Winners & Losers: NFL Stars Will Be Wager-Free In Vegas

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American football game.

I can’t say I know anyone who goes to Las Vegas on Super Bowl Sunday and does not put a little something-something on the game. Not betting on the Super Bowl, regardless of where you happen to be, is downright un-American.

With the game taking place in Vegas, on February 11, action will be heavier than ever. It might contribute to exceeding the 2023 Nevada handle, which clocked in at $153.2 million.

That was helped along by a gambler who put down $2.2 million on the Philadelphia Eagles (they lost outright, despite being favored by 1.5 points, and so did the big bettor).

Drake is said to have placed $1 million on the Kansas City Chiefs and presumably went home happy.

That said, pity the poor NFL players who will be in Vegas to watch their buddies competing for the Vince Lombardi Trophy. Pro football players, according to an email sent out by the league and obtained by Front Office Sports, are not permitted to enter a Vegas sportsbook until after the Super Bowl completes.

But what about betting online before getting to Vegas? No mention of that.

Blackjack, craps, poker, every other game in the casino is permitted for non-playing footballers. They just can’t make the one bet that everyone wants to make.

If you’re actually playing in the game? Leave your money at home.

“While in Las Vegas,” the email states, “players participating in the Super Bowl are prohibited from engaging in any form of gambling…”
Then there is the bizarre exception. Players may stroll through the sports book if it is the only way for them to get to where they are going.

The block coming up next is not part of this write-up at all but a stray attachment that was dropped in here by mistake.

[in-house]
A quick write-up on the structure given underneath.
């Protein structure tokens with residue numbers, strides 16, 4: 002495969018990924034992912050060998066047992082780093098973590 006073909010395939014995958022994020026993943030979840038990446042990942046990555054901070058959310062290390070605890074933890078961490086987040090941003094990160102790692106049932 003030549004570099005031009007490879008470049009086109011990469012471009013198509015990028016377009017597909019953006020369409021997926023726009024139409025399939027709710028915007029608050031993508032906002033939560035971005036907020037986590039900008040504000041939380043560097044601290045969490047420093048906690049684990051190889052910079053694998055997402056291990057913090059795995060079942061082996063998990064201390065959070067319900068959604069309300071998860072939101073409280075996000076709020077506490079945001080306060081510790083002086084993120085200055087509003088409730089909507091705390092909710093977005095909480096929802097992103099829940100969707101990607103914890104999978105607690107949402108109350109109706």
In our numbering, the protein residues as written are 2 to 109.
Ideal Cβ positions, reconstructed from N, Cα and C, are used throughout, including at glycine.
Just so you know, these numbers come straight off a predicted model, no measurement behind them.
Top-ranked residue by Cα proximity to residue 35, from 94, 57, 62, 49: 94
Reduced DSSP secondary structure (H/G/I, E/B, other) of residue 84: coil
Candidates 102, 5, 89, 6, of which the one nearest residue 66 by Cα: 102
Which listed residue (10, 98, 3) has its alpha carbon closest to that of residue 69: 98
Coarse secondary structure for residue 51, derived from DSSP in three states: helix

Where could that possibly be? A restroom? The deli for one of the ordinary sandwiches that are sold in sportsbooks? Whoever wrote that exception must have never been to Vegas. Just about every sports book is set up to dead end at the far side where there is a giant wall of monitors.

Vegas sign.

The only reason to walk through a sports book is because you want to place a bet. Beyond all that, I’m not sure about these strict rules. For starters, wouldn’t you want to bet on a team if some players have extra cash riding on themselves? I know I would.

Boxing champ Floyd Mayweather routinely bet on himself and it drove him to beat the hell out of his opponents. I assume it would do the same for football players.

Plus, not being able to place bets on the up and up, legally, in a sports book where surveillance cameras capture every move being made, opens the door for something much shadier.

Despite all the legal sports betting in Vegas, the place has no shortage of illegal bookies. One of them took heat this week after being accused of facilitating bets for professional athletes. And surely he is not the only one. No doubt you’d rather have your sports stars betting at, say, the Bellagio than over the phone with a guy who knows a guy.

Betting is tough to curb under the safest of conditions, but if you’re going to have one of the world’s highest profile sporting events taking place in a city where gambling is the raison d’etre for the place to exist, you can’t be surprised when deep pocketed athletes want to bet on athletics.

Hopefully no one will get caught following his natural instinct and making the game interesting – just as the rest of us will be doing.

Michael Kaplan
Gambling Author and Journalist
Michael Kaplan
Gambling Author and Journalist

Michael Kaplan is a journalist based in New York City joined Techopedia in November 2023. He is the author of five books ("The Advantage Players" comes out in 2024) and has worked for publications that include Wired, GQ and the New York Post. He has written extensively on technology, gambling and business — with a particular interest in spots where all three intersect. His article on Kelly "Baccarat Machine" Sun and Phil Ivey is in development as a feature film.